Somatostatin concentrations associated with increased risk of CVD and mortality
Plasma N-terminal Prosomatostatin and Risk of Incident Cardiovascular Disease and All-Cause Mortality in a Prospective Observational Cohort: the PREVEND Study
Somatostatin, present in many tissues, plays an important role in neuroendocrine regulation through: inhibition of growth hormone (GH)7 release from the pituitary gland , inhibition of glucagon secretion and suppression of the release of insulin-like growth factor-1 (IGF-1) that has been associated with CV outcomes , inhibition of several hormones, including serotonin, vasoactive intestinal polypeptide (VIP), gastrin, insulin, glucagon, secretin, and motilin , and regulatory effects on the gastrointestinal tract, the endocrine pancreas, the immune system, and the CV system .
The N-terminal fragment prosomatostatin 1–64 (NT-proSST) is a stable fragment of endogenous somatostatin precursor and reflects somatostatin concentrations and may be a marker for acute HF and mortality .
This study evaluated the associations of plasma NT-proSST with incident CVD and all-cause mortality in participants without a history of CVD at baseline (aged 28-75 years), from the Prevention of Renal and Vascular End-stage Disease (PREVEND) study. Furthermore, the predictive value of NT-proSST when added to the Framingham Risk Score (FRS) was assessed in this population.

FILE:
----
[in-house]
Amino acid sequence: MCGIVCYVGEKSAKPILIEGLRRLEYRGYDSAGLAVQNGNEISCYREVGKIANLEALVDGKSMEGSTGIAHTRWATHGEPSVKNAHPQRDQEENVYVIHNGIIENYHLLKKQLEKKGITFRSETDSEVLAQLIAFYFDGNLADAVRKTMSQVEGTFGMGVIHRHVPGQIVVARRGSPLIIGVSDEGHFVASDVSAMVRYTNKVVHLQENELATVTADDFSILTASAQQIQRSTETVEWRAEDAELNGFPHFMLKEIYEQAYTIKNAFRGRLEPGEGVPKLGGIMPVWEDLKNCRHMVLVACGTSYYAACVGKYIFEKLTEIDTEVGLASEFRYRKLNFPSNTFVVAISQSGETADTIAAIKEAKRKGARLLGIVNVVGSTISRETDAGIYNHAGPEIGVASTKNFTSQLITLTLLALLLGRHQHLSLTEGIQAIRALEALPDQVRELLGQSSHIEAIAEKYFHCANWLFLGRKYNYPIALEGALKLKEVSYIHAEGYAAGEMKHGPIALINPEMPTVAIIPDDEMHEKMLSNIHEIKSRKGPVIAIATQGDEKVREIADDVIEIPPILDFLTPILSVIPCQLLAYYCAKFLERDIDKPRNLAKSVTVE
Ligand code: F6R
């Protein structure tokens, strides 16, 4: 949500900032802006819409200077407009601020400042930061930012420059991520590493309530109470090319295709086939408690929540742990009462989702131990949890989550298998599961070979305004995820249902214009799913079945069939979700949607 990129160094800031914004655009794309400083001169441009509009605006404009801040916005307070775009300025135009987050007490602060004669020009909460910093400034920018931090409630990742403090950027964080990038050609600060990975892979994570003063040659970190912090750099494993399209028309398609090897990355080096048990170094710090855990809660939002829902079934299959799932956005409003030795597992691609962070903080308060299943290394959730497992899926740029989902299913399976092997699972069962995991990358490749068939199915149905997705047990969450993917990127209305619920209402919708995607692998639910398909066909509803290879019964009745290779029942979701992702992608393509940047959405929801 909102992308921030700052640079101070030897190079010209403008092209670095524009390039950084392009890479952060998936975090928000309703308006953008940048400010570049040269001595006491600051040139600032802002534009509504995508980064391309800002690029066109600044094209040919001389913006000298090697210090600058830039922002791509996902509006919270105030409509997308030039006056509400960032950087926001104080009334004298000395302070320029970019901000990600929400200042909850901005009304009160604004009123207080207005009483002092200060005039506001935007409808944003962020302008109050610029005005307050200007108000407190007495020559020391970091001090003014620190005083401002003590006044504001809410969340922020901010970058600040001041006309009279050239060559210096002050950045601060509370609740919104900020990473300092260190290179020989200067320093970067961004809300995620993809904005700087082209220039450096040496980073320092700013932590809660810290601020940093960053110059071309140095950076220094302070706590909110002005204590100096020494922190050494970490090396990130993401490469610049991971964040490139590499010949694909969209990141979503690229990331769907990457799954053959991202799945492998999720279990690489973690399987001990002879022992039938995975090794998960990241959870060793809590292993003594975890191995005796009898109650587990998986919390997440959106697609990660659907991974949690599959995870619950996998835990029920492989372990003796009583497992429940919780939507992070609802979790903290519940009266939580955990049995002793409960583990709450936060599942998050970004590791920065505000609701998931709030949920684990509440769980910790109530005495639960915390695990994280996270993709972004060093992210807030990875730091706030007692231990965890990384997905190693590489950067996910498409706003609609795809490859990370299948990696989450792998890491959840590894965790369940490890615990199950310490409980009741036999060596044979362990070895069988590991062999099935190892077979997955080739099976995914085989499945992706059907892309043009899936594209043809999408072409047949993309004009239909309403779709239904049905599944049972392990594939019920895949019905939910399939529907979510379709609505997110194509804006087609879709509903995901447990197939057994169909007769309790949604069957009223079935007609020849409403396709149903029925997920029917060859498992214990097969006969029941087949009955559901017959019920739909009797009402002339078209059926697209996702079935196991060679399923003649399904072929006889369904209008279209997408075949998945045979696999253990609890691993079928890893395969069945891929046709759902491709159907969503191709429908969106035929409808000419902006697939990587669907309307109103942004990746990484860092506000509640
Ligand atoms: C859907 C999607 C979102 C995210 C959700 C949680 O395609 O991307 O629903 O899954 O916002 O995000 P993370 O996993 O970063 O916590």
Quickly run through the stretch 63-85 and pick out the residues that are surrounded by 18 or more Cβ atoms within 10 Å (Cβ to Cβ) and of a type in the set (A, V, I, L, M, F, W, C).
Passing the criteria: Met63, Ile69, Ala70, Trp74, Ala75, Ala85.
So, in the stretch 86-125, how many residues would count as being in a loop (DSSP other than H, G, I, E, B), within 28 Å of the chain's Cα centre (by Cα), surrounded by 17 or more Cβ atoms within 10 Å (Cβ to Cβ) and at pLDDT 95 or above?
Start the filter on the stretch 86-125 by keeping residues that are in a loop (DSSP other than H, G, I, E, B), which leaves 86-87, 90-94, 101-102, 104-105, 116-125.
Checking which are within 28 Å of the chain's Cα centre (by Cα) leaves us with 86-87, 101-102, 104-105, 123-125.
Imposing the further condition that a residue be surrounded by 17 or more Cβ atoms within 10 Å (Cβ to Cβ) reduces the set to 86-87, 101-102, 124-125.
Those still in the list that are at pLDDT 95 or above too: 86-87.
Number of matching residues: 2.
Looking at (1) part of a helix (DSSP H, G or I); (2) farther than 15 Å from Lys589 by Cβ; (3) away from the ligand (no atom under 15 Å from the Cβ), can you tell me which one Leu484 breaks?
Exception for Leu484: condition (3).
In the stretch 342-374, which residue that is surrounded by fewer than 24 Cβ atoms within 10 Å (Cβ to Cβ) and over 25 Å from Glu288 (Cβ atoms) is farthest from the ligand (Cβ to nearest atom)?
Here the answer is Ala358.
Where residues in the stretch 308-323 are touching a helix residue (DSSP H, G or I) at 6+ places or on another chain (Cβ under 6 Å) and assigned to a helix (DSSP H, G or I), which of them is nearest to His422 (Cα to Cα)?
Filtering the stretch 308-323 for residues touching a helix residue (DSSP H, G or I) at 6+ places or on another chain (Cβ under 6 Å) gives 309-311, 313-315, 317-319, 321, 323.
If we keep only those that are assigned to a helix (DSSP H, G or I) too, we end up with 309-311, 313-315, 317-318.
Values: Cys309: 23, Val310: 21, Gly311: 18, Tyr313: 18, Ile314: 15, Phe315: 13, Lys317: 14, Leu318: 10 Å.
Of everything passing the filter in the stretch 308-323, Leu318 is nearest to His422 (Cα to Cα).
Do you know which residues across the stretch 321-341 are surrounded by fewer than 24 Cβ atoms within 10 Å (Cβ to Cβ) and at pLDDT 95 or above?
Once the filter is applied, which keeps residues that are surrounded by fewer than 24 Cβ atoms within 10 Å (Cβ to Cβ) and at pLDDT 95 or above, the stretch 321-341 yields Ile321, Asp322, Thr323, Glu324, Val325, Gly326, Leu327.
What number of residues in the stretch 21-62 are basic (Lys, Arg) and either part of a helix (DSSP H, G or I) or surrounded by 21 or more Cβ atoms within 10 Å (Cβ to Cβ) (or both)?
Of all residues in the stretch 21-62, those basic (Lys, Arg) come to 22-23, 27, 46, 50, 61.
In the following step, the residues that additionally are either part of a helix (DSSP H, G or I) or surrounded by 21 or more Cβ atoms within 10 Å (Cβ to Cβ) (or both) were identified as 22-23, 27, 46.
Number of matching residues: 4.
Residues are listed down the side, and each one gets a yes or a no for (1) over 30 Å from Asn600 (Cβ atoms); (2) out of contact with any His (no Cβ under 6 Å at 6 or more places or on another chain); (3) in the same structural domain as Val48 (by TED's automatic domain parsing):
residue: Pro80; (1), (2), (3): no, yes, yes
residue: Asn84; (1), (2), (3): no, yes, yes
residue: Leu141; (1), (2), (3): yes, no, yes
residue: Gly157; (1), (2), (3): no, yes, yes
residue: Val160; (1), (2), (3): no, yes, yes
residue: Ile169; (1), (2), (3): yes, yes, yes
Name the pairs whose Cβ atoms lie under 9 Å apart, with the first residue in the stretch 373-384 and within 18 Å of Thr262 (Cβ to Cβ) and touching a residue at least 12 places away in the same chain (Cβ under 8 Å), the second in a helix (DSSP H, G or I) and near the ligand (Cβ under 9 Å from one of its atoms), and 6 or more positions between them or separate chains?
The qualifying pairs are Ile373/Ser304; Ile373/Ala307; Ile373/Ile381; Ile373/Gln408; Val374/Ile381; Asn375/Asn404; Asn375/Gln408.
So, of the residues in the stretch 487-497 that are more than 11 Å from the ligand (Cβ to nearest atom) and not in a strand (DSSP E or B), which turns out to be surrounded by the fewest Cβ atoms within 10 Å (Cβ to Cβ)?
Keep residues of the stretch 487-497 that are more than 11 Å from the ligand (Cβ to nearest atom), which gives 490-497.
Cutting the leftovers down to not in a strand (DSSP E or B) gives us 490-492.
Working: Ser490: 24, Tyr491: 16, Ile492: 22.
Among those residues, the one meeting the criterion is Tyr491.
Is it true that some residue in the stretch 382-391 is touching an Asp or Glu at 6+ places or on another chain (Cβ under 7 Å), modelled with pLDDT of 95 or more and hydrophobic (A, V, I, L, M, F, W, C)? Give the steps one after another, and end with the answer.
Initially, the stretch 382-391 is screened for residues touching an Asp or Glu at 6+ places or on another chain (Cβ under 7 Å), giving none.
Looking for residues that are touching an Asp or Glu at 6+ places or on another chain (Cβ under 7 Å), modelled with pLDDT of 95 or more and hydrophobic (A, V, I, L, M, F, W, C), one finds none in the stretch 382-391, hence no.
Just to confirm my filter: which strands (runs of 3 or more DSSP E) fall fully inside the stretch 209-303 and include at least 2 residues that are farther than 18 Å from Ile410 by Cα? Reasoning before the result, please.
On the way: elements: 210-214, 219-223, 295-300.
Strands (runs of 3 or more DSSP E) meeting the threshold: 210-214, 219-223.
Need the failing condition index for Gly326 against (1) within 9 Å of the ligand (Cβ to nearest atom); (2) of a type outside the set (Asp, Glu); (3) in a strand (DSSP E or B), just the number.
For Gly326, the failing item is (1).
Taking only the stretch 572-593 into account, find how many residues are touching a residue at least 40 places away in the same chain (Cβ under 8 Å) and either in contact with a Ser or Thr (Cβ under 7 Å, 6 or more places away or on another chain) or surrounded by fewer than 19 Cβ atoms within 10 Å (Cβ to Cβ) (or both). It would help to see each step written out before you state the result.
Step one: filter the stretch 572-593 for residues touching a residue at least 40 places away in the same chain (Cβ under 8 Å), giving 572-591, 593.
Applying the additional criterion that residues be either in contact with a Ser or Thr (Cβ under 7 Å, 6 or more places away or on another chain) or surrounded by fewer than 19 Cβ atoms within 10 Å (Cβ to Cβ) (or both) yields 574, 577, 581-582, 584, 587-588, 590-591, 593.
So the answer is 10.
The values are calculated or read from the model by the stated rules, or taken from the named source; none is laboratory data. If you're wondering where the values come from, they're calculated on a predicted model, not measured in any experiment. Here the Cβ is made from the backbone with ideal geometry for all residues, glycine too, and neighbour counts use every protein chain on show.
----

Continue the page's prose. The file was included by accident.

- Of 8134 participants with mean plasma NT-proSST concentrations of 412 (SD: 169) pmol/L in men and 364 (SD: 167) pmol/L in women (P < 0.001), 8.7% developed first CVD events, and 6.4% participants died.
- Age- and gender-adjusted HRs of cumulative survival for the highest tertile compared with the lowest tertile of NT-proSST were 1.28 (95% CI: 1.06 –1.54; P = 0.01) for incident CVD and 1.49 (95% CI: 1.19 –1.87; P < 0.001) for all-cause mortality.
- After adjustment for traditional CVD risk factors included in the FRS, higher values of NT-proSST were associated with increased risk of incident CVD (HR: 1.22; 95% CI: 1.01–1.48) and all-cause mortality (HR: 1.32; 95% CI: 1.05–1.65).
- There was a 17% (95% CI: 3%–34%) increased risk of incident CVD and a 28% (95% CI: 9%–49%) increased risk of all-cause mortality per doubling NT-proSST concentrations for each outcome, after adjusting for the Framingham risk factors (HR for CV mortality: 1.22; 95% CI: 0.90 –1.64; HR for cerebrovascular events: 1.05; 95% CI: 0.82–1.35).
- Addition of NT-proSST to the updated FRS as continuous variable led to an integrated discrimination improvement of 0.004 (95% CI: 0.002– 0.007; P < 0.001) for the 10-year risk of CVD (correct reclassification of 2.5%).
- The addition of hsTNT or NT-proBNP into the FRS improved the c-index from 0.785 (95% CI: 0.770–0.800) to 0.796 (95% CI: 0.781–0.812; P for difference <0.001) or 0.787 (95% CI: 0.770–0.802; P for difference <0.001), respectively.
NT-proSST concentrations were associated with an increased risk of incident CVD and all-cause mortality, after adjusting for traditional CVD risk factors and emerging biomarkers, in a population-based cohort of men and women without a history of CVD. These findings support a possible future predictive role of NT-proSST concentrations.